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Gary Younge

It started with a warning. "The problem of the 20th century will be the colour line," said one of the black diaspora's foremost intellectuals, WEB Du Bois, at a Pan-Africanist conference in London in 1900. The fight for full citizenship was creating what Du Bois, an African-American, referred to as an "eternal twoness" - "An American, a Negro; two souls, two thoughts, two unreconciled strivings; two warring ideals in one dark body, whose dogged strength alone keeps it from being torn asunder." A similar tension would be felt throughout the diaspora, until the end of the century, between the present - where we happen to be - and the past - where we are from. It would spawn a period of vibrancy both in politics and the arts. With his slogan "Up Ye Mighty Race", Jamaican-born Marcus Garvey called on black people to return to Africa to rebuild the continent.

Meanwhile, a sense of confidence emerged in the literature, art and music of the Harlem Renaissance that would propel jazz and the works of Langston Hughes and Zora Neal Hurston on to the international stage. In 1922, Britain's first black MP, Shapurji Saklatvala, was elected to represent North Battersea. It was a self- assurance that sat ill with white supremacy. The "Red Summer" of 1919 saw anti-black race riots break out in British ports such as Cardiff, Liverpool, London and on Tyneside, and in several cities in America.

Any hope that the socialist bloc would lead the charge against colonialism and racism faded when the Kremlin told Trinidadian-born activist George Padmore that the interests of the Soviet Union came before those of the black diaspora. His departure from Moscow in 1933 marked yet another "eternal twoness" - that between race and class.

The second world war brought leverage. If white establishments wanted black people to defend democracy, they would have to extend democracy to black people. This coincided with the mechanisation of agriculture and a labour shortage in western Europe - the beginning of the great migration and radicalisation of the diaspora.

In 1940, half of black America was rural; by 1970, it was 75% urban. In 1948, 492 Jamaicans landed at Tilbury docks on the Empire Windrush. Sizeable numbers would soon follow from the Indian subcontinent.

It was the beginning of a 20-year period that would see mass protest and huge gains in civil rights.

The US Supreme Court outlawed racial segregation in 1954; Rosa Parks's bravery and, inspired by Gandhi's pacifism, Martin Luther King's oratory would electrify the nation. For the first and only time in the century, the demands of the diaspora chimed with those of Africa and Asia - everyone was fighting for the right to vote. Malcolm X attended the Organisation of African Unity conference in 1964. Anti-colonial movements won independence and, 100 years after the end of the Civil War, African-Americans gained the franchise in their own country in 1965.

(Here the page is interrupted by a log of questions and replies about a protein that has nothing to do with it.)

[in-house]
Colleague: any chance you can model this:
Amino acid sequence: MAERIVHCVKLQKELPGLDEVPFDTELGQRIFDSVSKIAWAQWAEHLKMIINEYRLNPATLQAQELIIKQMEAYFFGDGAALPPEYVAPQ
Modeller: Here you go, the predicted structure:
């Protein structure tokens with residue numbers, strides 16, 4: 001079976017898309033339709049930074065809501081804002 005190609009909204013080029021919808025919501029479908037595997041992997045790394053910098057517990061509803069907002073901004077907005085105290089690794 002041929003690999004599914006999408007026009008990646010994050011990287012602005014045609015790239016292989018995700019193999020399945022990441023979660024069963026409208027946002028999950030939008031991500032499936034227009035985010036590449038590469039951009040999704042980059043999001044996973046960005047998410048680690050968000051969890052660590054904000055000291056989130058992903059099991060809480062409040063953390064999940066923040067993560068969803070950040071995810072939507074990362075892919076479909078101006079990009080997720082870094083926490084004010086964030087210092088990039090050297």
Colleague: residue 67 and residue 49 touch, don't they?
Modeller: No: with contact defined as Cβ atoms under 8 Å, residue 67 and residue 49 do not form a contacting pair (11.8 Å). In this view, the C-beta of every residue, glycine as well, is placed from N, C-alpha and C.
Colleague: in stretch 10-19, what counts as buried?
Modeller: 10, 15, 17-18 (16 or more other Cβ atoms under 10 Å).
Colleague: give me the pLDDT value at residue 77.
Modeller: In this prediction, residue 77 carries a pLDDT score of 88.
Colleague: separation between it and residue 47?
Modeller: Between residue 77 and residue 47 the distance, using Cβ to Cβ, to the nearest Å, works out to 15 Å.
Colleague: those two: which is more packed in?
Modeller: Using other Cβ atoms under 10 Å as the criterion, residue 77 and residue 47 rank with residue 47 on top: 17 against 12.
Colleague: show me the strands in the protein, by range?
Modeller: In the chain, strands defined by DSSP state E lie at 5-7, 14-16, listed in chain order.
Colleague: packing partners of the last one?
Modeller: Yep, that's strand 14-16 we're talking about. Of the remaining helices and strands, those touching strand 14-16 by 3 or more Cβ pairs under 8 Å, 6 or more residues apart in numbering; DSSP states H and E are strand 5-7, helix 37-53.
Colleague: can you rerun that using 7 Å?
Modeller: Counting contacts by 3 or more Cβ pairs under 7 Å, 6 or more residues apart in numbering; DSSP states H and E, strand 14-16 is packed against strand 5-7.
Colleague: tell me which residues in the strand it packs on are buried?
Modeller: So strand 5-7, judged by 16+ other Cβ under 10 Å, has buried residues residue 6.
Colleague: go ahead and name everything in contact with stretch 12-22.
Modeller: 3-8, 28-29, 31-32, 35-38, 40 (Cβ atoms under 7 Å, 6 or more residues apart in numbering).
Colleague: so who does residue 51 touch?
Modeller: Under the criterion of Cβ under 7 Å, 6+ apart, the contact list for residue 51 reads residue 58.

These advances challenged white people's belief of economic, political and racial superiority, and were often met with violence. In 1968, Martin Luther King was assassinated in Memphis. In Notting Hill, west London, resistance to attacks against the black community in 1958 gave rise to a carnival that became the largest street festival in western Europe. A far more defiant political and cultural expression emerged in the Black Power movement that found its voice in Angela Davis and Stokely Carmichael. Urban in character and uncompromising in style, groups such as the Black Panthers supported violence as a means of self-defence.

The minority who gained from the struggles of the 60s would go on to form a small, professional class; the vast majority who did not found themselves at the bottom of the economic heap and in sporadic conflict with the police that would punctuate the last two decades in cities throughout the diaspora. Priorities moved to economic equality and social justice, sparking a vicious backlash. Fascism returned as a mainstream ideology. In 1993, a black teenager, Stephen Lawrence, was murdered and his killers never convicted; the report into the affair found institutionalised racism. No one can say we weren't warned.

No going back

1903 Publication of The Souls Of Black Folk, by WEB Du Bois (above) - outlines the state of race relations in the US at the turn of the century.
1936 Berlin Olympics. Black US athlete Jesse Owens makes a mockery of Nazi racial superiority theories by winning four golds.
1938 The Black Jacobins, by CLR James - an account of the San Domingo revolution of 1791-1803.
1952 Black Skin White Masks, by Frantz Fanon - groundbreaking psycho-political study of how racism affects the black condition.
1963 Martin Luther King's •I have a dream' speech.
Organisation of African Unity charter signed in Addis Ababa. King and Ralph Abernathy lead a civil rights march in Birmingham, Alabama. The march ends in fighting. Hundreds sing •We shall overcome'. Four girls are killed in the fire-bombing of a church in the town. Kenya and Zanzibar gain independence from Britain. Nigeria and Uganda become republics within the UK Commonwealth.
1982 Women, Race And Class, by Angela Davis (below) - exploration of gender, race and economics.
1984 Staying Power, by Stephen Fryer - the history of black people in Britain.
1990 Communities Of Resistance, by A Sivandandan - the black struggle for socialism.

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